"A Very Good Business"
Testifying before the US Congress in 2010, Warren Buffett made the following comment:
“Basically, the single most important decision in evaluating a business is pricing power. You’ve got the power to raise prices without losing business to a competitor, and you’ve got a very good business. And if you have to have a prayer session before raising the price by a tenth of a cent, then you got a terrible business. I’ve been in both, and I know the difference.”
Microsoft has been a top-three holding of the AIM Global High Conviction Fund for several years now and remains firmly entrenched there. There are numerous reasons for us having such high levels of conviction in the business, but among the highest was our belief that Microsoft possessed significant latent pricing power.
Looking across Microsoft’s suite of offerings, it has been clear to us for some time that the value their products and services provide their commercial clients has been increasing, while their prices have not kept pace. To our thinking, this was strategically shrewd, as adding new features and applications to the existing Office 365 and Microsoft 365 bundles meant that clients were continuously receiving greater functionality (and integrating it into their workflow) without being asked to dip into their pockets for the privilege.
The fact that Microsoft held off on increasing its prices for nearly a decade provided it with – in our opinion – a "hidden in plain sight" asset that would create value for its owners at some point in future. (It also revealed to us that management has its priorities straight: first, look after your customers and make sure you indisputably create a consumer surplus for them; if you are successful at that, the returns to equity owners should take care of itself over time!).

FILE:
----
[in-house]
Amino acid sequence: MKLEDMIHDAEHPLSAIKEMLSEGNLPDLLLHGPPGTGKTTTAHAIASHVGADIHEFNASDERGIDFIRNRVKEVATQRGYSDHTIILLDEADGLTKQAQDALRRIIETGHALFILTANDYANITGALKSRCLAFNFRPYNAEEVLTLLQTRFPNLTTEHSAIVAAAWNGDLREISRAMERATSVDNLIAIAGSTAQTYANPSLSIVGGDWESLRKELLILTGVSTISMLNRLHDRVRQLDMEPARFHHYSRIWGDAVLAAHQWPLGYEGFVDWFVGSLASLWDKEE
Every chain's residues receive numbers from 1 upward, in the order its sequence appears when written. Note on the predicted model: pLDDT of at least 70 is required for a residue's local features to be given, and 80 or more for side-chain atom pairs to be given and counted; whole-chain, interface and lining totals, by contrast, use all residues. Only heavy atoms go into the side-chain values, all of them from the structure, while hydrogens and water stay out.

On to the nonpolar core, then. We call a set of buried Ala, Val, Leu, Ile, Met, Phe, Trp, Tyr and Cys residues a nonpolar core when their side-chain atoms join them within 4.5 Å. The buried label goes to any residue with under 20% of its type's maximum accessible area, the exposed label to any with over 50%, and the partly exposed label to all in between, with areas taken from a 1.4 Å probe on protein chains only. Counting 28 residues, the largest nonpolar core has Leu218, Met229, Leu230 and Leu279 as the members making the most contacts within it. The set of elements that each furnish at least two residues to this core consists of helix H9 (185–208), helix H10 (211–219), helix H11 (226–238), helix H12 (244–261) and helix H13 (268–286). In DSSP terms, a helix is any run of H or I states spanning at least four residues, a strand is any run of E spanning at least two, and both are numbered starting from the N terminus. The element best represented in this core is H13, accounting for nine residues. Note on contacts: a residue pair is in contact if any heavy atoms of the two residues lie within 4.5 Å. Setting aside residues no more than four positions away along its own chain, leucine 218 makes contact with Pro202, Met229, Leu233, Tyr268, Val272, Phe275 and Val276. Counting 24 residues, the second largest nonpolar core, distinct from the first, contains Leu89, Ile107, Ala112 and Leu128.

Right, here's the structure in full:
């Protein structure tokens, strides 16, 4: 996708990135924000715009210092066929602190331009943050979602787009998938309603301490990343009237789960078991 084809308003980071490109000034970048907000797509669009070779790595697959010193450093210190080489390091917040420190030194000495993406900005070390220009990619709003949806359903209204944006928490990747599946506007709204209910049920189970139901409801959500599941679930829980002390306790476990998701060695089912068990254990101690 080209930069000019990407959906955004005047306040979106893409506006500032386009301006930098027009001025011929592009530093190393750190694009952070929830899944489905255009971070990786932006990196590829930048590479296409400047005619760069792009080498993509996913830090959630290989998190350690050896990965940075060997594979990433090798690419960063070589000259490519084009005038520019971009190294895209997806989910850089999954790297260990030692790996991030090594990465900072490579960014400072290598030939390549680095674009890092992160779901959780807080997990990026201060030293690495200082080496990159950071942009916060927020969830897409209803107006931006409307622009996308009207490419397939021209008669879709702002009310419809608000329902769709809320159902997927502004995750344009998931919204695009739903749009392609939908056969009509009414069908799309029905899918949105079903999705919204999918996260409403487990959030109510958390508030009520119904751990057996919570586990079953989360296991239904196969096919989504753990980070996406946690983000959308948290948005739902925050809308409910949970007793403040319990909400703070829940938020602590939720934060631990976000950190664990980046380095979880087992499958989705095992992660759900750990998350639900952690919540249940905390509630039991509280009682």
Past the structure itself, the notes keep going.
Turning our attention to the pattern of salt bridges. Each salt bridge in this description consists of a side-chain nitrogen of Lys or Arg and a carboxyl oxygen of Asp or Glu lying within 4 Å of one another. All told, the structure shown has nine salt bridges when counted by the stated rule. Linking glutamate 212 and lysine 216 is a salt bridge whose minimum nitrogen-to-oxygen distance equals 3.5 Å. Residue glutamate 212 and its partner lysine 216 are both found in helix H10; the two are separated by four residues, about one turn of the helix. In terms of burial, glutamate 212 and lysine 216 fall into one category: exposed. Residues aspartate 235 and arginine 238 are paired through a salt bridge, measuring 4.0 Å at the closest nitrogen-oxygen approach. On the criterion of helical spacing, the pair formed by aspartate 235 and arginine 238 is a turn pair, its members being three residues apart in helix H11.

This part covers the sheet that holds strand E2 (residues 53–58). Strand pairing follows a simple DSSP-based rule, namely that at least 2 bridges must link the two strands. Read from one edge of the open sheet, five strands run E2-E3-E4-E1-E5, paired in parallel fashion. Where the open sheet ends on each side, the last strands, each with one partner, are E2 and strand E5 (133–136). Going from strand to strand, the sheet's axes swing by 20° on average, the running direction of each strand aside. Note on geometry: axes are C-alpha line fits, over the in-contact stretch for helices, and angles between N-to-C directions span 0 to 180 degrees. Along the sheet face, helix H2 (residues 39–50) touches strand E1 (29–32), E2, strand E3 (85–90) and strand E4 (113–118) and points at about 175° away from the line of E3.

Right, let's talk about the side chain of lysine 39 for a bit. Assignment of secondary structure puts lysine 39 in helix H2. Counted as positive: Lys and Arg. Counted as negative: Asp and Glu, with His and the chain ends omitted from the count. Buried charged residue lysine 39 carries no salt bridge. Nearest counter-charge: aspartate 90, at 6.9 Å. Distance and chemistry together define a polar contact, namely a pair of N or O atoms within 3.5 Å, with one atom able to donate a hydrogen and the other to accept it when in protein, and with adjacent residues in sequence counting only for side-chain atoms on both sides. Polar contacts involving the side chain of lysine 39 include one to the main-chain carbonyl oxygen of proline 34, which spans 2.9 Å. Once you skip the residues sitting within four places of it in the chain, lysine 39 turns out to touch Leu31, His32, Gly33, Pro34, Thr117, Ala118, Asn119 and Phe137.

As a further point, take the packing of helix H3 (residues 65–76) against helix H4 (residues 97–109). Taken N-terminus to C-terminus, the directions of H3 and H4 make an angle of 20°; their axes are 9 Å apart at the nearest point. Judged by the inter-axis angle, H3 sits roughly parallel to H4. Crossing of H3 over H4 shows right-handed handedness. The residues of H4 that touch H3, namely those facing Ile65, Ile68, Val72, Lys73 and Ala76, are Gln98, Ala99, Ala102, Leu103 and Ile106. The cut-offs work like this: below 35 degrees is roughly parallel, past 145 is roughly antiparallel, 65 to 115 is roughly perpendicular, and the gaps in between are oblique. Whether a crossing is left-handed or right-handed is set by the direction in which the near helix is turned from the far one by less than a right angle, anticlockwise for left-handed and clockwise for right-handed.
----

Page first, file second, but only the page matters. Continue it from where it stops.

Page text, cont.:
In August, Microsoft announced its first meaningful price increase for these bundles in many years:
The price increases mentioned above almost certainly reflect real pricing power and the strength of the underlying business franchise: a very good business, indeed.
Beyond the strength inherent to its own businesses, Microsoft remains exposed to several secular trends that we see as playing out over the next several years, of which higher incidences of remote working is but one.
Federal Reserve Chairman Powell, of all people, agrees. In response to a question on how the US economy would look different to the pre-pandemic economy asked at a recent (online) lecture to students, he commented:
“I think we know that we’re not simply going back to the economy we had before the pandemic, but it will take time to see exactly what the changes look like. […] It seems a near-certainty that there will be substantially more remote work going forward. So that’s going to change the nature of work, and the way work gets done.”
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